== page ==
The new age of modern enterprise architecture is defined by Infrastructure as Code (IAC). By virtualizing entire data ecosystems, organizations gain the ability to design, provision and manage them completely in software, ushering in a new era of infrastructure flexibility and cost-efficiency.
While this may seem far-fetched, and there are still some limitations, recent developments in DevOps can help organizations transform into a fully functional, data-driven entity. This particularly comes into play when tailoring IAC architectures to modern DevOps workflows.
According to Carlos Schults, .NET software developer at Stackify, IAC has emerged in response to the need for highly flexible, highly dynamic infrastructure demands of modern applications and services. As the enterprise business model shifts from providing products to providing digital services, the static legacy approach to infrastructure, in which hardware and software were integrated on a fundamental level, is proving to be too restrictive and costly. These days, successful businesses require broad scalability and substantial flexibility when it comes to deploying, infrastructure provisioning and orchestrating disparate data resources.
What is Infrastructure as Code?
Infrastructure as Code is the management of networks, virtual machines, load balancers, and connection topology in a descriptive model. It uses the same versioning as a DevOps team uses for a source code. Like a key that only opens a single door, an IaC model generates the same environment every time it is applied. It is essential to the DevOps process and is used simultaneously with continuous delivery.
An example of how enterprises can use IaC is for software development. Programmers use IaC to create and launch sandbox applications. At the same time, QA professionals can run tests with perfect copies of product environments to test for errors. And then, when it’s time for deployment, you can push both infrastructure and code to production in one swift stroke.
Using IaC for cloud infrastructure management allows all actions that can be automated to be automated. IaC allows system components to be configured and provisioned with Terraform and Kubernetes, which can save time, money, and effort. IaC allows tasks from database backups to new feature releases to be done faster, better, and cheaper.
IaC best practices can be implemented when using cloud monitoring, logging, and altering tools to run in some environments and to deliver new system components. Solutions like FluentD, ELK stack, SumoLogic, Datadog, and Promoetheus + Grafana can be configured to to your project using some of the best practices below.
What Does it Come to Solve?
A Infrastructure as Code approach turns the manual, time consuming process of managing IT infrastructure and adapts it for the modern age. Without IaC, you are forced to hire professionals for each step of the process, from network engineers to hardware maintenance technicians. In addition, data centers would need to be built, which can increase costs exponentially. Manual configurations, due to their limited nature, can struggle with speed and spikes in access. This forces enterprises to set up backup servers or even data centers to prevent the application from potentially being unavailable for a long time.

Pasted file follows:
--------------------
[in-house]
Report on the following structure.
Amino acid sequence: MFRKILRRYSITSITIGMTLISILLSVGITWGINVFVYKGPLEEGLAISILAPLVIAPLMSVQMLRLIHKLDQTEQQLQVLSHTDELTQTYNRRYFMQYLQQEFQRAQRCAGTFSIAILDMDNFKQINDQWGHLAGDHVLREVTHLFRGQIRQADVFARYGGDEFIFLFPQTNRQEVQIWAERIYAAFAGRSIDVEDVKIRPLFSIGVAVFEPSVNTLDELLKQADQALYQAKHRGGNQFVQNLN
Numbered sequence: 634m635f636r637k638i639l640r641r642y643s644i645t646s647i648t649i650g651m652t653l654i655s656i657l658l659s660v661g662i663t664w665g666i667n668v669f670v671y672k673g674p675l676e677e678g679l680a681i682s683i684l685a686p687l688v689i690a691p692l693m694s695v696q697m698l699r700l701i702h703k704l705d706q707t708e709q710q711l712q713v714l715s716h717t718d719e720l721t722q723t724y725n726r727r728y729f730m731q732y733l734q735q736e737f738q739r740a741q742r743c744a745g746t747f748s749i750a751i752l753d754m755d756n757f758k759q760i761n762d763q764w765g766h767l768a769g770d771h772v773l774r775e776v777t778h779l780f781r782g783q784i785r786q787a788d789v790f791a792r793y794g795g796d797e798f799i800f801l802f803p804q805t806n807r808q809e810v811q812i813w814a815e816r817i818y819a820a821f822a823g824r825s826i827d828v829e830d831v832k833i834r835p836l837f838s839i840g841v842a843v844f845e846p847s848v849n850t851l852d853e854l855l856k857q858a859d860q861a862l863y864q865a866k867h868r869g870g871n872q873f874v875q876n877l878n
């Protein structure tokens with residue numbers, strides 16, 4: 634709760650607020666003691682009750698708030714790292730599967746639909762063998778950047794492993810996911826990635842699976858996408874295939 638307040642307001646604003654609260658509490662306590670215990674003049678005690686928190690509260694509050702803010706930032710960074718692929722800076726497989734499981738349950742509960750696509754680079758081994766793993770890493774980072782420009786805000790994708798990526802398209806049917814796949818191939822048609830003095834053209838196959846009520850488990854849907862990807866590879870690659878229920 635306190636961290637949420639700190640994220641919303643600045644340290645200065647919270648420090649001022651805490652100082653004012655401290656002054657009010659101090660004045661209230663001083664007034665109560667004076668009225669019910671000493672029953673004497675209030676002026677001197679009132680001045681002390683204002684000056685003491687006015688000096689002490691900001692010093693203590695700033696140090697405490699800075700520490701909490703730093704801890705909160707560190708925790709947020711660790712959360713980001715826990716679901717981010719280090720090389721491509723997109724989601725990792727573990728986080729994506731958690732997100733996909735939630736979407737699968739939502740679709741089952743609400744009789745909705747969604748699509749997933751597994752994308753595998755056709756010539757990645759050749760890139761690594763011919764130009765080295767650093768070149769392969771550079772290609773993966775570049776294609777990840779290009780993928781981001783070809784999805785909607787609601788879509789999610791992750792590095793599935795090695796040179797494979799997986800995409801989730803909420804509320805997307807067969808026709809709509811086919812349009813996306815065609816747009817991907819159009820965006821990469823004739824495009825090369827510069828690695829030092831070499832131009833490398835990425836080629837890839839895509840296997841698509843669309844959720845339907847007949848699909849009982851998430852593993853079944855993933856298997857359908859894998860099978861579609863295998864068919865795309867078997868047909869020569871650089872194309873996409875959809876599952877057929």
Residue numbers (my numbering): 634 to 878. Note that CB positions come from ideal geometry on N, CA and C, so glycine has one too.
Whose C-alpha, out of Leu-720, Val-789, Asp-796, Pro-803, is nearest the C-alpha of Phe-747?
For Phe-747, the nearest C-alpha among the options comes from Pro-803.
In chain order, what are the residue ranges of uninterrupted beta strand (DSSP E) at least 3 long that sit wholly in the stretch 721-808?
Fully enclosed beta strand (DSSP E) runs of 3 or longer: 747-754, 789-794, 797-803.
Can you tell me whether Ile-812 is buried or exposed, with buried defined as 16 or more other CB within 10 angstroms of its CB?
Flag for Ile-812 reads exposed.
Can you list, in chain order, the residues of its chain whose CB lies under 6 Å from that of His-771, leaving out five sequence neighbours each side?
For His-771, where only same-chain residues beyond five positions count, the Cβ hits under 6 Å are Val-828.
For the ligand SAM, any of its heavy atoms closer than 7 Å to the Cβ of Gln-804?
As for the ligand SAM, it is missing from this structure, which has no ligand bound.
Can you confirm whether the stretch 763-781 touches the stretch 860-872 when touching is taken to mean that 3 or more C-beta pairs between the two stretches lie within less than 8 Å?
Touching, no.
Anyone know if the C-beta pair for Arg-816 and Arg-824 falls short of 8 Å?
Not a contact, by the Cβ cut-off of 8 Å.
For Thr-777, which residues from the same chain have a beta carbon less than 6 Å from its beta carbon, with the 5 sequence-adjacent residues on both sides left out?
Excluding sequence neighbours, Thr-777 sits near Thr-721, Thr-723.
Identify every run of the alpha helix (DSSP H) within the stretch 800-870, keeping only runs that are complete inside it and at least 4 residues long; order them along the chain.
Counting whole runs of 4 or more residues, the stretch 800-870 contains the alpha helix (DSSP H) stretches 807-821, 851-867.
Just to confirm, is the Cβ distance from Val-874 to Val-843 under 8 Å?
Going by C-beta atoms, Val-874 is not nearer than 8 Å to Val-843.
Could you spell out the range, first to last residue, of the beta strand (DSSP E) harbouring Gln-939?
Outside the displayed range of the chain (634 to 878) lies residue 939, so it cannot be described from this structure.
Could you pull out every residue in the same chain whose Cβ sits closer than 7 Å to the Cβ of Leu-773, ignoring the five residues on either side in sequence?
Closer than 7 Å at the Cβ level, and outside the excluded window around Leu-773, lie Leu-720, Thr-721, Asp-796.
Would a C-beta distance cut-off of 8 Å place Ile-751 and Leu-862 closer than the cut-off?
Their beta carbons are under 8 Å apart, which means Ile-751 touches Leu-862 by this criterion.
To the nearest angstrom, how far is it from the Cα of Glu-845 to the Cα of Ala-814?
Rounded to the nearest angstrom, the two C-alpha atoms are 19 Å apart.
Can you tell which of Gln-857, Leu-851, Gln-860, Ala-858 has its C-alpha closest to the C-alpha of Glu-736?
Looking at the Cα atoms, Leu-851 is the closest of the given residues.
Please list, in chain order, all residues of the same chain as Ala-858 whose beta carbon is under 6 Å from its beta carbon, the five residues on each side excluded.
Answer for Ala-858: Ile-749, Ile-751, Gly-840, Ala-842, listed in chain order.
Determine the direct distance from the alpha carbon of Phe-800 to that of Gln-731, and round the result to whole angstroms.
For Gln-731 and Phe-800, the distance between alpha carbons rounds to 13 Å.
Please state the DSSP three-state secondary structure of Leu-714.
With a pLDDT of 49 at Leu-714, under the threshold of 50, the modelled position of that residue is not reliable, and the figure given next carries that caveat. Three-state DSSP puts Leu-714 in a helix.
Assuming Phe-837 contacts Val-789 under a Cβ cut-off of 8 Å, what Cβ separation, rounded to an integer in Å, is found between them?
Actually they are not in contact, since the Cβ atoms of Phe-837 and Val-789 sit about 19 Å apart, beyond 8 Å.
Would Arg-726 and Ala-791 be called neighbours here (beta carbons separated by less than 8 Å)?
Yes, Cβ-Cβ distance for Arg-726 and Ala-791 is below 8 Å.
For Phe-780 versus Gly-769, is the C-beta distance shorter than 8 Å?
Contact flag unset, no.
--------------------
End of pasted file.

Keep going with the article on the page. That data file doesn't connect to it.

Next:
Using Infrastructure as Code allows enterprises to perform unit testing, functional testing, and integration testing to significantly reduce the frequency of bugs in the product lifecycle. In addition, it allows for mistakes to be caught early in the process, eliminating the possibility of costly (reworks, bad word) late in the process.
The need for written documentation is also all but eliminated. The code itself is documents the state of the machine, meaning that infrastructure documentation will always be up to date. This is important because I need to ask why, probably just costs less.
There is the decade old saying “works fine on my computer”. It refers to when code that worked in testing doesn’t work in production. Infrastructure as Code ensures continuity, because all environments are created and configured automatically. This leaves no room for human error, which greatly speeds up and simplifies the software development and infrastructure operations.
Infrastructure as Code goes beyond infrastructure automation. It involves incorporating DevOps practices into automation scripts to make sure they don’t have any errors, ensure that they are able to be deployed on multiple servers, can be recalled in case of problems, and can be engaged by both development and operations teams. This is called DevOps infrastructure automation. Ansible and Puppet are designed to make IaC environments accessible to even novices with a basic understanding of modern coding techniques and structures.
In a hardware-centric environment, these functions must be done manually, requiring immense manipulation of server, storage and networking elements. This process is the antithesis of today’s digital environment. Today’s digital environment demands highly customized data environments that can be altered, added to, and decommissioned immediately. The Infrastructure as Code approach allows the enterprise to gain the flexibility to streamline infrastructure management for human operators and to extend full orchestration and automation capabilities to intelligent, autonomous applications and services to create their own virtualized data environments at will.